London black cabs taking part in an anti-minicab protest on the Mall, in 2009. Photo: Getty Images.
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Uber is now integrated into Google Maps and the New York Subway

It's easier than ever to experience surge pricing.

Back in June, cabbies in cities including London, Berlin, Paris and Madrid went on strike to protest against Uber: a taxi firm-cum-social networking app that links smartphone users to private drivers. The cabbies said they were protesting against a dangerous lack of regulation; everyone else thought they were protesting the rise of a competitor.

That rise, though, has continued unimpeded, and over the last week, two things have happened to highlight it. The first is best summed up by this screenshot of Google Maps, taken from an Android phone:

Look at the last item on that list: ask for directions, and the map automatically offers you the option of taking an Uber car. Click that button, and it launches the app.

This is not perhaps as surprising as it seems - Google Ventures invested $258 million into Uber last year, in the largest such deal the internet giant has yet made. What's more, this functionality is not universal – if you don't have the app, you don't see the button, and our limited sample size shows it's not appearing on at least some iPhones yet, either. But it is, nonetheless, quite the win for a taxi firm to get itself integrated into the world's biggest mapping app. (Team-ups between taxi apps and transport apps are quite the zeitgeist at the moment: last week Hailo announced its integration into CityMapper, too.)

The other piece of news is rather less world-shaking – and may even highlight Uber's limitations. For the next five weeks, a section of the G train of the New York Subway, which links Brooklyn and Queens, will be closed for repairs. That means a two mile gap in the network, from Court Square to Nassau Avenue.

For commuters, this is a pain; for Uber, it’s an opportunity. The firm has released a promo code which geographically challenged New Yorkers can use to get one free ride to plug that gap. This is quite obviously not a long-term replacement for regular commuters – but it might encourage people to download the app and give Uber a whirl. Effectively, the firm is giving out free samples.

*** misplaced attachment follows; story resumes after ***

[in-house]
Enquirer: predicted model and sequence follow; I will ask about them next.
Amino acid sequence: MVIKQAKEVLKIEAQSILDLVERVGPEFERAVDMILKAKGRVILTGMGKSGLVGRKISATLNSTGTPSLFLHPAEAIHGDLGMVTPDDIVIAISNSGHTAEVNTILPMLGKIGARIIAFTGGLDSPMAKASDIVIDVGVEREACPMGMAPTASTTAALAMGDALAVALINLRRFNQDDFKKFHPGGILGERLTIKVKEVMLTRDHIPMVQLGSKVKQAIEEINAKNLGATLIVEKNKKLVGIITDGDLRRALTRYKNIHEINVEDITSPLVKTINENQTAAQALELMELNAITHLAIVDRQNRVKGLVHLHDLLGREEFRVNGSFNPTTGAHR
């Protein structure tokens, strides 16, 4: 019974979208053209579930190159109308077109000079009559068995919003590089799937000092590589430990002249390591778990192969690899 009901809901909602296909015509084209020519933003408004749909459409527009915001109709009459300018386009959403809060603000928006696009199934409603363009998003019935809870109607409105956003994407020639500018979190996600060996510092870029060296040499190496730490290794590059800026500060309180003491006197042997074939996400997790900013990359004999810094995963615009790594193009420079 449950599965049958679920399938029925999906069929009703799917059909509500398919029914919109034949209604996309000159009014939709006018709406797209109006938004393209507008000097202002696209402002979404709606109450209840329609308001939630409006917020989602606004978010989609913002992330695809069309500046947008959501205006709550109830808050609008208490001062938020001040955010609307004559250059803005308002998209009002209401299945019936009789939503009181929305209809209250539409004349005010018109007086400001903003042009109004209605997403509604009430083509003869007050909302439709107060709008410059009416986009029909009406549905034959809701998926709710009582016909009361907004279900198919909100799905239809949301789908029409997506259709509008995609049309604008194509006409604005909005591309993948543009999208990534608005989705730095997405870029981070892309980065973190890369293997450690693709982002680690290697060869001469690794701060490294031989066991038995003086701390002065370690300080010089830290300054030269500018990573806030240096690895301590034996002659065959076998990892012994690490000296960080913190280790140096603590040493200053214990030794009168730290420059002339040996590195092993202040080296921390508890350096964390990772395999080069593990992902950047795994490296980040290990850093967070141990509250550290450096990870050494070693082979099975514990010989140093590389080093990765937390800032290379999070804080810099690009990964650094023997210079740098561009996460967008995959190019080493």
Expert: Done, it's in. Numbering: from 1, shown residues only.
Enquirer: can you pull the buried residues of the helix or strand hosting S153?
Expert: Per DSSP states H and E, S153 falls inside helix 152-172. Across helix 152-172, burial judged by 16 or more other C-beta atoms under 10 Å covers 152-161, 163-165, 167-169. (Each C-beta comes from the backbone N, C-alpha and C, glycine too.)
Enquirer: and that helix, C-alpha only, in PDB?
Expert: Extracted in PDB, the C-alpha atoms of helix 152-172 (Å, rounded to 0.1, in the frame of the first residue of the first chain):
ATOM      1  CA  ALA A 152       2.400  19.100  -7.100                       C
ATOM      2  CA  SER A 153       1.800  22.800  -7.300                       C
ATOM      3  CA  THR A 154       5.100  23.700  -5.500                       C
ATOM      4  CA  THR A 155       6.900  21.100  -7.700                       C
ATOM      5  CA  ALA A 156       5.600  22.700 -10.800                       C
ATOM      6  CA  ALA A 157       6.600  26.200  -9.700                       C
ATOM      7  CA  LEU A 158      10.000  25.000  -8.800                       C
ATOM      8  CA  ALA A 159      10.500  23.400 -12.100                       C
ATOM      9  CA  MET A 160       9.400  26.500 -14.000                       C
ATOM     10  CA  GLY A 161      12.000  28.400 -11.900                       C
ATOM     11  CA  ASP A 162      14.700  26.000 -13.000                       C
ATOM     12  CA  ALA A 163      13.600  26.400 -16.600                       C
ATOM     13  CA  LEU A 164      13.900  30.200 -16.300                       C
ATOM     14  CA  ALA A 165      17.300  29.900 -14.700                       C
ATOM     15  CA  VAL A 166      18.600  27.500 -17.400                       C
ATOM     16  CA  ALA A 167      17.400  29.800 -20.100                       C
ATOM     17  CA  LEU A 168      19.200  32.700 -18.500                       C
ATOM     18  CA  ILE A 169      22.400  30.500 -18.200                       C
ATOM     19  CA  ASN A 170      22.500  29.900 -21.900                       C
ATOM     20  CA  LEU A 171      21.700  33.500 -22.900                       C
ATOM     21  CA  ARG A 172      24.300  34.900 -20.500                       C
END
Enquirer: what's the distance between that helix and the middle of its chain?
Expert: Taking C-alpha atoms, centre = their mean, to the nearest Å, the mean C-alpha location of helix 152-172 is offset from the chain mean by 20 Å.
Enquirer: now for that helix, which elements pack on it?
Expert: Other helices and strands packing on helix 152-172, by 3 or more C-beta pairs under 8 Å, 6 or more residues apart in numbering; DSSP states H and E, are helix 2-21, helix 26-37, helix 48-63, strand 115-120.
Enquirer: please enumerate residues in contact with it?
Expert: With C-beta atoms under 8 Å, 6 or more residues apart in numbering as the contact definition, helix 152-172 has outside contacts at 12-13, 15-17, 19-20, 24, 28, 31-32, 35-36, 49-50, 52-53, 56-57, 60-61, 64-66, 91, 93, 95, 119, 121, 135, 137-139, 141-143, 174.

There is, however, a twist. The journey that the promo code covers is, Uber reckons, worth an average of $14. But the exact price of that fare will vary because of the firm’s use of “surge pricing”. At times, an Uber car can be very good value, but the more demand there is, the more expensive they become. To take account of this, the firm has given its voucher a value of up to $30.

But this, remember, is a journey of just 1.5 miles: you could walk it in half an hour. According to TaxiFareFinder.com, that should cost you about $9.41. What Uber is telling us is that its cars can sometimes cost three times as much as a yellow New York cab.

Uber claims that it's now cheaper than taxis – and, sometimes, it is. But at other times, it's a lot more expensive. This free sample may, paradoxically, remind everyone of this fact.

Jonn Elledge is the editor of the New Statesman's sister site CityMetric. He is on Twitter, far too much, as @JonnElledge.

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Quiz: Can you identify fake news?

The furore around "fake" news shows no sign of abating. Can you spot what's real and what's not?

Hillary Clinton has spoken out today to warn about the fake news epidemic sweeping the world. Clinton went as far as to say that "lives are at risk" from fake news, the day after Pope Francis compared reading fake news to eating poop. (Side note: with real news like that, who needs the fake stuff?)

The sweeping distrust in fake news has caused some confusion, however, as many are unsure about how to actually tell the reals and the fakes apart. Short from seeing whether the logo will scratch off and asking the man from the market where he got it from, how can you really identify fake news? Take our test to see whether you have all the answers.

 

 

In all seriousness, many claim that identifying fake news is a simple matter of checking the source and disbelieving anything "too good to be true". Unfortunately, however, fake news outlets post real stories too, and real news outlets often slip up and publish the fakes. Use fact-checking websites like Snopes to really get to the bottom of a story, and always do a quick Google before you share anything. 

Amelia Tait is a technology and digital culture writer at the New Statesman.